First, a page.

The final enrollment day for the ACA insurance exchange was marred by computer glitches. The problem was a frustrating reminder of the much worse technical problems that plagued the website for weeks after it debuted in early October and November.
State insurance officials said Wednesday that 177,668 Georgians have completed applications for coverage in the health exchange as of March 15. That number, reported by health insurers in the state, reflects a recent surge in enrollees from the latest figures released by the federal government.
During its journey through the General Assembly, a bill that would require drug testing for some applicants for food stamps and welfare generated controversy and drew fierce opposition from Democrats. Ultimately, though, House Bill 772 was approved on the final day of the legislative session last week. It would require people applying for this government assistance to be tested if they raise “reasonable suspicion’’ of illegal drug use.
Rural health care may get a needed boost under a proposed regulation change that would allow a hospital to downsize its services, the commissioner of a Georgia health agency said Thursday. Clyde Reese, commissioner of the Department of Community Health, said he would ask the board of the agency to promulgate rules for such a “step-down” facility.
More than 38,000 Georgians signed up for coverage in the health insurance exchange in February, according to a federal report released Tuesday. That is slightly down from the number that enrolled the previous month. The Georgia enrollment dip last month was part of a national decline from the previous month, the report showed.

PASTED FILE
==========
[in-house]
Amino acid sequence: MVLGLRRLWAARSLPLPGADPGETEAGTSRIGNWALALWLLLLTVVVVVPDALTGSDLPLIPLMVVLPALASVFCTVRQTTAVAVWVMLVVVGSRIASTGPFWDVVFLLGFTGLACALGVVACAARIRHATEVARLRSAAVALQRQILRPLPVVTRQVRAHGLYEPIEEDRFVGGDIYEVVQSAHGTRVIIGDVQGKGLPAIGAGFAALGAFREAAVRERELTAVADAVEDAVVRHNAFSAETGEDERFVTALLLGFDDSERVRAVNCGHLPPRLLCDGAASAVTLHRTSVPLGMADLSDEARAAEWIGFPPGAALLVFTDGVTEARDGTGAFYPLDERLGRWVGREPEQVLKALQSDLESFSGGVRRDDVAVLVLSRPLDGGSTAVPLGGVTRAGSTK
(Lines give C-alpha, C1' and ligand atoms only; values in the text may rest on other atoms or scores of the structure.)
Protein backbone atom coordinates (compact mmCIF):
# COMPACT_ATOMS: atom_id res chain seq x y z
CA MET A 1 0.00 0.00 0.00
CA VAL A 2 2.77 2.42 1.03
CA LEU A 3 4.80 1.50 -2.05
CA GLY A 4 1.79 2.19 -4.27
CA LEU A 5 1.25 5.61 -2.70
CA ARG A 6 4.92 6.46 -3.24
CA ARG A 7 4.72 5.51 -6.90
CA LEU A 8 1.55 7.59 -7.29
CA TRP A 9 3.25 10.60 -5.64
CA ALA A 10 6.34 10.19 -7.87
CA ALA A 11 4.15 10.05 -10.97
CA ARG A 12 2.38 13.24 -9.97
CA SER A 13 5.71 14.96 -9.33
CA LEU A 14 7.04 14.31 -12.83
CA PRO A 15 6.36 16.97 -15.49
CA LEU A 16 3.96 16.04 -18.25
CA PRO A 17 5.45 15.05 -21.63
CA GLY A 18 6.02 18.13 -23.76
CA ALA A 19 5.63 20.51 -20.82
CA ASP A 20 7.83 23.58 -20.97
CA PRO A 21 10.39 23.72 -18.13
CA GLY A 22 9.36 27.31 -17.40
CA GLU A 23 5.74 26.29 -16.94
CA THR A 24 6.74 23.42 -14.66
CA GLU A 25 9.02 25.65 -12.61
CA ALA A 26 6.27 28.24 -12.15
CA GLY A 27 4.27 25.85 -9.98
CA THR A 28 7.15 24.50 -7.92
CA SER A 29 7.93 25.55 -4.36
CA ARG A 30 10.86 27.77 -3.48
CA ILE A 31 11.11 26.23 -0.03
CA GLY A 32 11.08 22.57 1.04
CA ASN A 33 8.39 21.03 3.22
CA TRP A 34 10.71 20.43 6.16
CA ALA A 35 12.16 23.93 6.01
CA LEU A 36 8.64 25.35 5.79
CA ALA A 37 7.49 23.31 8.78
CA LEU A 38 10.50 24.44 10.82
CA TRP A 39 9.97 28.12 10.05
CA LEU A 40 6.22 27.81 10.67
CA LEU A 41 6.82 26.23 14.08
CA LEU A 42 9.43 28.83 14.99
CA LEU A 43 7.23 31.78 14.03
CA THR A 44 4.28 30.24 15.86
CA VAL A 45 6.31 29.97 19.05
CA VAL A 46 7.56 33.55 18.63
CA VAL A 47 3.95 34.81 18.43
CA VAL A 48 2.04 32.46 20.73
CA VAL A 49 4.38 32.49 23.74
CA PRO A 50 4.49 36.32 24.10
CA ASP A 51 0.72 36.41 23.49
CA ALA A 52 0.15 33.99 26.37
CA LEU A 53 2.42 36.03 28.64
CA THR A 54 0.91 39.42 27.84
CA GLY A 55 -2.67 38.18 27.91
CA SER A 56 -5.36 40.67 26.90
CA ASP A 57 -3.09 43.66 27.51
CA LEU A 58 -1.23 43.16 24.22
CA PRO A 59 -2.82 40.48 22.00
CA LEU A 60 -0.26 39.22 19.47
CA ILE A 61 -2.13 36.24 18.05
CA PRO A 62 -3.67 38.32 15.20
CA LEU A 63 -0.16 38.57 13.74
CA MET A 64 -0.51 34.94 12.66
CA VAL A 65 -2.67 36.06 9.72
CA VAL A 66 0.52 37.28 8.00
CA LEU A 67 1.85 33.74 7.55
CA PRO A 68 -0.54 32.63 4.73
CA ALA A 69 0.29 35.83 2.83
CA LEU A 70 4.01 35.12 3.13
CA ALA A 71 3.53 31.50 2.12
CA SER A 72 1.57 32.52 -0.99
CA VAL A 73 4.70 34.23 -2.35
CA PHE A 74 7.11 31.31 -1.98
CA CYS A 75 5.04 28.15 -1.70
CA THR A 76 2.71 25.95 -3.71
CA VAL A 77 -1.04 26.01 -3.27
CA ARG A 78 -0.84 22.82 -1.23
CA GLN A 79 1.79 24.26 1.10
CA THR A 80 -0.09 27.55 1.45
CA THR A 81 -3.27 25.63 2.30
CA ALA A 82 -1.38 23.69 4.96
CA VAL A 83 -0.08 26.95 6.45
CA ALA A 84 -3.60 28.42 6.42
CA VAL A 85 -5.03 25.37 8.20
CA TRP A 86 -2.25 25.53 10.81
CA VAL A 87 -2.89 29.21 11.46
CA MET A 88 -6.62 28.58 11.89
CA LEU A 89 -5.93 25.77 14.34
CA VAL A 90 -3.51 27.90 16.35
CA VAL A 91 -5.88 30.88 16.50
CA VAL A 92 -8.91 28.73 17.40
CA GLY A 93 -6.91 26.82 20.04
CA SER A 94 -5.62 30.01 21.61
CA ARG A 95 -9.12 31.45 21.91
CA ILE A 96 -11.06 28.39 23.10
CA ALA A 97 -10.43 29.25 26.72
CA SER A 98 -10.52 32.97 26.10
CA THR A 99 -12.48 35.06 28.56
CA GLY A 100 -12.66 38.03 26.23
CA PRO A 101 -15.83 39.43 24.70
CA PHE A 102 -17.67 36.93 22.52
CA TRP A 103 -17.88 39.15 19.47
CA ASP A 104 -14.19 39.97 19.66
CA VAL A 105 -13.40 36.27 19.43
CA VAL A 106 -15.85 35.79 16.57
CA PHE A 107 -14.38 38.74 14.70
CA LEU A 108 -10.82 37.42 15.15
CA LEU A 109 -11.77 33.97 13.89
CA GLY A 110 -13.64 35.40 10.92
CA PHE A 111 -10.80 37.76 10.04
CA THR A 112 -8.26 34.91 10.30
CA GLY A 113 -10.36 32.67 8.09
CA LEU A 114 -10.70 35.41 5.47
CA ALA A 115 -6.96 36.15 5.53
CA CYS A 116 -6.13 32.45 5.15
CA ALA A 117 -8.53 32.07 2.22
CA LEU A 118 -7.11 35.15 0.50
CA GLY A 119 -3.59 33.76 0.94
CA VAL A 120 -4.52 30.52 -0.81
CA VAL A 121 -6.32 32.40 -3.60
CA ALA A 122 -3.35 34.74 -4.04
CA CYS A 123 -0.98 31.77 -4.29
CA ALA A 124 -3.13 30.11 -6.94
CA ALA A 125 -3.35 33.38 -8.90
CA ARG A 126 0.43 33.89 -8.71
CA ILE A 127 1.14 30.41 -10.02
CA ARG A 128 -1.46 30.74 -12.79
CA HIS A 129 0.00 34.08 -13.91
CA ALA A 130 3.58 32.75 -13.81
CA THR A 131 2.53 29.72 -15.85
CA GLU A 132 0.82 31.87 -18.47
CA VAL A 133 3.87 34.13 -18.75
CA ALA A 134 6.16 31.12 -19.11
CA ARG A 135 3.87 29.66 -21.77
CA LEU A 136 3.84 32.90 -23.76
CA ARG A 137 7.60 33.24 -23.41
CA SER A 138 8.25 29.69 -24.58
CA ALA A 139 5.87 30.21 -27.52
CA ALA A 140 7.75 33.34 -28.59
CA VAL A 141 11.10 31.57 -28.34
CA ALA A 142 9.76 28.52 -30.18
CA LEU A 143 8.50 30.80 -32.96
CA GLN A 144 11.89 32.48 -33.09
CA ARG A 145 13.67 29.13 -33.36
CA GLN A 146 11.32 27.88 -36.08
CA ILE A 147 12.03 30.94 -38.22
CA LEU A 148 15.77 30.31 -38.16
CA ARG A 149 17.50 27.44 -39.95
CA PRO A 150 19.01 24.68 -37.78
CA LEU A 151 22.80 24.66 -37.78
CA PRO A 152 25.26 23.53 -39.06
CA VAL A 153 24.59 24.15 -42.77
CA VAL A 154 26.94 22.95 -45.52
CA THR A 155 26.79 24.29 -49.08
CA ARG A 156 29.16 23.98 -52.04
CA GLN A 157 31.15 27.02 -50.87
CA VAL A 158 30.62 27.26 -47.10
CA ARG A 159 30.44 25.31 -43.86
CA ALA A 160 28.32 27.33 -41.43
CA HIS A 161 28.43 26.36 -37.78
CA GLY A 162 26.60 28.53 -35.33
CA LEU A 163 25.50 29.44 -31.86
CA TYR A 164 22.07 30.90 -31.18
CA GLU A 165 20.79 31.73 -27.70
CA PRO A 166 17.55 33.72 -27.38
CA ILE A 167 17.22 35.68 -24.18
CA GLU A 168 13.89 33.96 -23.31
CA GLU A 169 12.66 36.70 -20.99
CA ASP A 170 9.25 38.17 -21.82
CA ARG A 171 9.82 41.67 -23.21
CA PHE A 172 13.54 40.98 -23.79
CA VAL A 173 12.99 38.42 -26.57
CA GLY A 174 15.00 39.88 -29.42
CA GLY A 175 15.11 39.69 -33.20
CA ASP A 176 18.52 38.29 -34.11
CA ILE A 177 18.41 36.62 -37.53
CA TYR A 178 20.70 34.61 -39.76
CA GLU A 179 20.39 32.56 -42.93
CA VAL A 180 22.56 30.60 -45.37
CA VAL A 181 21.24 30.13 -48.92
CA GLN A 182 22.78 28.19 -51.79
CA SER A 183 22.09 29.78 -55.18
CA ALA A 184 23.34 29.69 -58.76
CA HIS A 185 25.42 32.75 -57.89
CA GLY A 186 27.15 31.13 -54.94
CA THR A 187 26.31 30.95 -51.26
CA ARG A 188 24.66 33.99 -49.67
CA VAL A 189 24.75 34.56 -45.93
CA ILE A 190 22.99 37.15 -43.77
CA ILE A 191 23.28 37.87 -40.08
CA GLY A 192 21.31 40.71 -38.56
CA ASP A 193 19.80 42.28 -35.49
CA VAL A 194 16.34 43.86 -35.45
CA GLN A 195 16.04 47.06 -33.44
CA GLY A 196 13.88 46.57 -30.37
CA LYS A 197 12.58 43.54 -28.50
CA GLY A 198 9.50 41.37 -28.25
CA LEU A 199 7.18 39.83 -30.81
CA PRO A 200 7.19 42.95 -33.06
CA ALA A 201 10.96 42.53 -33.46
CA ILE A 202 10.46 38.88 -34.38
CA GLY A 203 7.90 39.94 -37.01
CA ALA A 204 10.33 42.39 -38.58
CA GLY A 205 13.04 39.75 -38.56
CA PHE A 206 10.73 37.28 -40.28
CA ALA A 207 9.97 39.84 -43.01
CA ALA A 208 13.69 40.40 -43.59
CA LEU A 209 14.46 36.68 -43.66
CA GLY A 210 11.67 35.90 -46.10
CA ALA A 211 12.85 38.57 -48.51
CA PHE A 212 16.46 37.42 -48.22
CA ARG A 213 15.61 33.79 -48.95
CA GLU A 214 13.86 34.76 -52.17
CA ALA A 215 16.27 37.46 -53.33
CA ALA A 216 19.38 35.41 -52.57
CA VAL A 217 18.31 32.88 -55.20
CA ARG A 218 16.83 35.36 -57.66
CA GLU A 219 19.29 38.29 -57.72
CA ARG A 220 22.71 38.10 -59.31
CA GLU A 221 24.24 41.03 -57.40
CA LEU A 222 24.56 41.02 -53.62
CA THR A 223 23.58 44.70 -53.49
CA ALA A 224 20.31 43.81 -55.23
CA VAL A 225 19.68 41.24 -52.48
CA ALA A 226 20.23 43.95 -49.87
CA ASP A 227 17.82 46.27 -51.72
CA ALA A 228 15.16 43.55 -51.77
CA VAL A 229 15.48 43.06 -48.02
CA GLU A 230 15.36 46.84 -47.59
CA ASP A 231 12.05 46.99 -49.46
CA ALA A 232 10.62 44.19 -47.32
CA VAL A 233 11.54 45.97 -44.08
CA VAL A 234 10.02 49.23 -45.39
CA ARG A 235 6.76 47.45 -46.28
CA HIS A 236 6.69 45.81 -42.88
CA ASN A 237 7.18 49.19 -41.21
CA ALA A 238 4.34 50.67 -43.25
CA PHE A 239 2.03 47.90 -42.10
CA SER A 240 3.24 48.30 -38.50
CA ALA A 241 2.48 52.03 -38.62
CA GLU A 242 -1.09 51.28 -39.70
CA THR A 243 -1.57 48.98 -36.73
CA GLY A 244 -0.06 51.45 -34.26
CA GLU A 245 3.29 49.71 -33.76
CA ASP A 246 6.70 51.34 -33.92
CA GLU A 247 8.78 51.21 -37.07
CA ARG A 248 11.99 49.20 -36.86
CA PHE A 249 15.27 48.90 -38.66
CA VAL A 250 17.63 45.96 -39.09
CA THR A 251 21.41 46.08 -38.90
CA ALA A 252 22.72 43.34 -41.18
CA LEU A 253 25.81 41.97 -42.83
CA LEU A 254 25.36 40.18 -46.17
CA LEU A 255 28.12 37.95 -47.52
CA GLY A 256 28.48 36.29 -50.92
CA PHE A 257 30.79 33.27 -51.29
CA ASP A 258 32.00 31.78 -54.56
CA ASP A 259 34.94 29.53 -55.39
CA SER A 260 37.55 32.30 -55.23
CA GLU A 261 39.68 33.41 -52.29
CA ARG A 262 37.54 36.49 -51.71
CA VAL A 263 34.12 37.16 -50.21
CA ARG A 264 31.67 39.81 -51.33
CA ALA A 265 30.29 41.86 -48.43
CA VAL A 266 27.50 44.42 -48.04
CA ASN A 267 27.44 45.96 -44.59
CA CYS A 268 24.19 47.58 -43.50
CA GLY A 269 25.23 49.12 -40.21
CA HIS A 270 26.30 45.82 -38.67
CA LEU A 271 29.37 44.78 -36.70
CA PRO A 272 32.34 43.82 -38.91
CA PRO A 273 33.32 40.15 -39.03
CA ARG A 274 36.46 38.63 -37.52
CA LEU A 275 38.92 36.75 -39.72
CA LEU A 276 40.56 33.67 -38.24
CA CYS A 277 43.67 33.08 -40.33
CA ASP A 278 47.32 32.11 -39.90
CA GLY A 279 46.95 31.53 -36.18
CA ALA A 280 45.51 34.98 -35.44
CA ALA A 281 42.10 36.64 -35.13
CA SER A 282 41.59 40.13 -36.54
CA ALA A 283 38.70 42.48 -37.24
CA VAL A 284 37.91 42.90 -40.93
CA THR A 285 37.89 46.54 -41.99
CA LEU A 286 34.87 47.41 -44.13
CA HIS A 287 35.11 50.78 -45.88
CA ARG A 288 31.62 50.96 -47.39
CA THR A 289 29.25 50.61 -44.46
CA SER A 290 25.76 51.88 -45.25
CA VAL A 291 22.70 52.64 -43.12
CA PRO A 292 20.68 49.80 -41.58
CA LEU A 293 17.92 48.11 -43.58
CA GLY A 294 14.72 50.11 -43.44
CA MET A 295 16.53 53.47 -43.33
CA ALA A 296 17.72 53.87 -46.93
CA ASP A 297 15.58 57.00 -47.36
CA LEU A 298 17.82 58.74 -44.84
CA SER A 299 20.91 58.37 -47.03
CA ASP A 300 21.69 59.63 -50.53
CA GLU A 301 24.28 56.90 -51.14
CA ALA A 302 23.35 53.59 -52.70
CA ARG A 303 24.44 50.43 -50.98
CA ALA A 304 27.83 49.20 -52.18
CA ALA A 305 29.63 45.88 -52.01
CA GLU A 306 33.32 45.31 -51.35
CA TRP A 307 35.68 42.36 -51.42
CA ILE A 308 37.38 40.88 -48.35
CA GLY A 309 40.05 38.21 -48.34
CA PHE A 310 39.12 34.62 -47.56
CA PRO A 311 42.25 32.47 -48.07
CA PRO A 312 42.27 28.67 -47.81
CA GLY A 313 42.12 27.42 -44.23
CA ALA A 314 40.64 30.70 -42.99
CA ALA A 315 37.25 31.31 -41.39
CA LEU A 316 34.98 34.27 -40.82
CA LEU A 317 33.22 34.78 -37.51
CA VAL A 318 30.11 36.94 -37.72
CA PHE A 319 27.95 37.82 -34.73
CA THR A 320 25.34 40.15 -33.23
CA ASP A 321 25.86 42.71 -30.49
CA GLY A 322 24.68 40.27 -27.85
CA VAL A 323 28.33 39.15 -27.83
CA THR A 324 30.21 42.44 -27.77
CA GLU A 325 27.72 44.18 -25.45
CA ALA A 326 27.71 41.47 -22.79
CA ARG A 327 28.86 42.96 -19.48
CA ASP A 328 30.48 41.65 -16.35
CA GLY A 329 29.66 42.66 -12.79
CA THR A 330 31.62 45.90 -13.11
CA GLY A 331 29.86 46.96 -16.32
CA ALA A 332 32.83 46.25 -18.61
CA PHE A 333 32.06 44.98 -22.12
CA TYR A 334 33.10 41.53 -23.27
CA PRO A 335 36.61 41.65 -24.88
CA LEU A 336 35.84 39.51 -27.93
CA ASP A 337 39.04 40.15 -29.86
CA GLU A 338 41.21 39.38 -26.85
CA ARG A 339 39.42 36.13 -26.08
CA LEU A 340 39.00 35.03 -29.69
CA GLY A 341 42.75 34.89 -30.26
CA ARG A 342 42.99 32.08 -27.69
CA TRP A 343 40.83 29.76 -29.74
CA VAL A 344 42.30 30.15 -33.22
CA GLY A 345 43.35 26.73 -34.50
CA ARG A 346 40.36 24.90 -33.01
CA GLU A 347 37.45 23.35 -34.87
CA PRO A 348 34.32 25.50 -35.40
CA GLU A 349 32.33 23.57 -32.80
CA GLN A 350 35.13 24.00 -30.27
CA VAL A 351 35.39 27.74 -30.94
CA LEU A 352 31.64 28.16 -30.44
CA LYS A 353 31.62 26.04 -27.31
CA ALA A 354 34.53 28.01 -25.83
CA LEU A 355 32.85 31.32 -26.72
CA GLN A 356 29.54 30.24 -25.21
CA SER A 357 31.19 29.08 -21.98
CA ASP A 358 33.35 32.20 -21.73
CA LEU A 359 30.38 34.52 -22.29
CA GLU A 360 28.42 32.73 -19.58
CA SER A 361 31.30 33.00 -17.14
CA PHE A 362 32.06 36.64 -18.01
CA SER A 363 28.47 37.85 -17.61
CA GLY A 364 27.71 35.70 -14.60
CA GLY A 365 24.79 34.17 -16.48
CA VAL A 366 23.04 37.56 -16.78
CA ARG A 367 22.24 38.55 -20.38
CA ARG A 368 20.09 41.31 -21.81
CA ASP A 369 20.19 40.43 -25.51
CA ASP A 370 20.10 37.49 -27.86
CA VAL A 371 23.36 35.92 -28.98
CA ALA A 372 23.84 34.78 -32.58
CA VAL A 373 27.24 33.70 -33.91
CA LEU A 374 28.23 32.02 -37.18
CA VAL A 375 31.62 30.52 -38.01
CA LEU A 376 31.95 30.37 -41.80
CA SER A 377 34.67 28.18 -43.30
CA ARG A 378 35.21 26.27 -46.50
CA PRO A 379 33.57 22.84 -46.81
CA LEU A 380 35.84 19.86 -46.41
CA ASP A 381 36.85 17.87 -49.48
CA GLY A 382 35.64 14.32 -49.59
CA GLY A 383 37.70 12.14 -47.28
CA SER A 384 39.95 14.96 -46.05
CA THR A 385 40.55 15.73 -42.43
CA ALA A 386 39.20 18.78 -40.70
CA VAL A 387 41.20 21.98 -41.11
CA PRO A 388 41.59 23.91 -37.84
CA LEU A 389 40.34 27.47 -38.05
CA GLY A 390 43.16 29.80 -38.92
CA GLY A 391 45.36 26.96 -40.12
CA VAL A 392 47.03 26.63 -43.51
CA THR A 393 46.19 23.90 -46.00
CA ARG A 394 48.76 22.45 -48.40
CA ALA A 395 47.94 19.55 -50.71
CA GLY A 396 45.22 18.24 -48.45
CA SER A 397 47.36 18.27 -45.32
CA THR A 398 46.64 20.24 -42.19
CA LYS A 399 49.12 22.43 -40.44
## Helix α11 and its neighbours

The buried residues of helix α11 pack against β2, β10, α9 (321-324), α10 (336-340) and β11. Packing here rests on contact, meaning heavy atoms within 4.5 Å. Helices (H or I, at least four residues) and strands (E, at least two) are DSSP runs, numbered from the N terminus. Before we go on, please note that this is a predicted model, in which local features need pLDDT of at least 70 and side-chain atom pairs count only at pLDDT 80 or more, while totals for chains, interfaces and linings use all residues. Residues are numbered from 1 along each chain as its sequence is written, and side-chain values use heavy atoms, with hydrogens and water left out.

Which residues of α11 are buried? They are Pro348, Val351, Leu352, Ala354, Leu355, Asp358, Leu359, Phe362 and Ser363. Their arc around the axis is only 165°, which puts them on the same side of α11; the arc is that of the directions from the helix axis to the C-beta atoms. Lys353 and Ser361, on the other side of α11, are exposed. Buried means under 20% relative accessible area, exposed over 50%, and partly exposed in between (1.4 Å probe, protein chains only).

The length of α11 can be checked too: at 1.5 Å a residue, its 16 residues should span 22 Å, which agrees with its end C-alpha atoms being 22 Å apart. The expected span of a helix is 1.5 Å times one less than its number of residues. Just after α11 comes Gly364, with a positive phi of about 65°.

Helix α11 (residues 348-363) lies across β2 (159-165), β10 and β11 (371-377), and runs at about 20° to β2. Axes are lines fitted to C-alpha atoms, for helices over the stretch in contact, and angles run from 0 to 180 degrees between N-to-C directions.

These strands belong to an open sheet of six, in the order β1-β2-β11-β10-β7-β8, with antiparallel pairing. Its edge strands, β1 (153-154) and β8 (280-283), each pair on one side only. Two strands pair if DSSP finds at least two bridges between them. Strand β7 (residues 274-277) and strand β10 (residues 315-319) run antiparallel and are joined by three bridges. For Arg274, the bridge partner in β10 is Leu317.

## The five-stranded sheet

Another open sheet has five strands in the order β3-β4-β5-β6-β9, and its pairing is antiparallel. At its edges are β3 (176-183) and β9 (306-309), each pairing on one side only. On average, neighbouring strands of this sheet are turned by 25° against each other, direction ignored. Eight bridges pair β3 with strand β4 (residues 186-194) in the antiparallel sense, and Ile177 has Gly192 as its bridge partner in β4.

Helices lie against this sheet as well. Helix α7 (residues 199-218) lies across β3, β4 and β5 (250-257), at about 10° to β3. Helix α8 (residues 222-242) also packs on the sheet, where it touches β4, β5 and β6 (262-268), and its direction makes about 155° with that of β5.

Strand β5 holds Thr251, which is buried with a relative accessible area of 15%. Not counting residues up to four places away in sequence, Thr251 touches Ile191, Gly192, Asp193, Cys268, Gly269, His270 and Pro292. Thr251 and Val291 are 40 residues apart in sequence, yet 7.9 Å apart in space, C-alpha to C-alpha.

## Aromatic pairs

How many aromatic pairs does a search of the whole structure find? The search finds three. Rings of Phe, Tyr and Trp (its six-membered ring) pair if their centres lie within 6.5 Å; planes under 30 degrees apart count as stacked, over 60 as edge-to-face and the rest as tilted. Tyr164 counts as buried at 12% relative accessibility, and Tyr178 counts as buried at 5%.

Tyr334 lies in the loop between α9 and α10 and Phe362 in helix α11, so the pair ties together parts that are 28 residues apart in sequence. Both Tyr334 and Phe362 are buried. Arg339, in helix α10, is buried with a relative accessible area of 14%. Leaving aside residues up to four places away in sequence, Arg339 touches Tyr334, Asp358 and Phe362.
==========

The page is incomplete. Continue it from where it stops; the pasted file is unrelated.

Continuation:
The physician pay hike for Medicaid services is finally beginning to reach Georgia doctors, more than a year after it was intended to take effect. The three managed care organizations serving the majority of Medicaid beneficiaries are sending the extra payments to physicians starting this month, according to a schedule released by the Department of Community Health.
Some Georgia applicants for food stamps and welfare benefits would have to pass a drug test under a House bill that cleared a committee Monday on a 7-6 vote. People applying for this government assistance would require testing if they raised “reasonable suspicion” of illegal drug use.
The issue of Medicaid expansion drew its first full-scale 2014 General Assembly hearing Wednesday. As expected, the arguments reflected the passions surrounding the Affordable Care Act. A House Judiciary subcommittee voted to pass HB 990, which would require the Legislature to approve any expansion of Medicaid here, rather than leaving the decision up to the governor alone.
Roughly 100 people rallied on the steps of the state Capitol Tuesday to protest changes implemented this year to the State Health Benefit Plan for state employees and educators. Those changes have sparked a groundswell of criticism from thousands of Georgians about a lack of choice of insurance plans and higher health care costs.
A Georgia House panel Monday approved a bill that would toughen penalties for operating an unlicensed personal care home, raising a first offense to a felony from a misdemeanor. The vote came after compelling testimony from Marietta Police Chief Dan Flynn, who described to the House Health and Human Services Committee two cases of abuse in unlicensed Cobb County homes.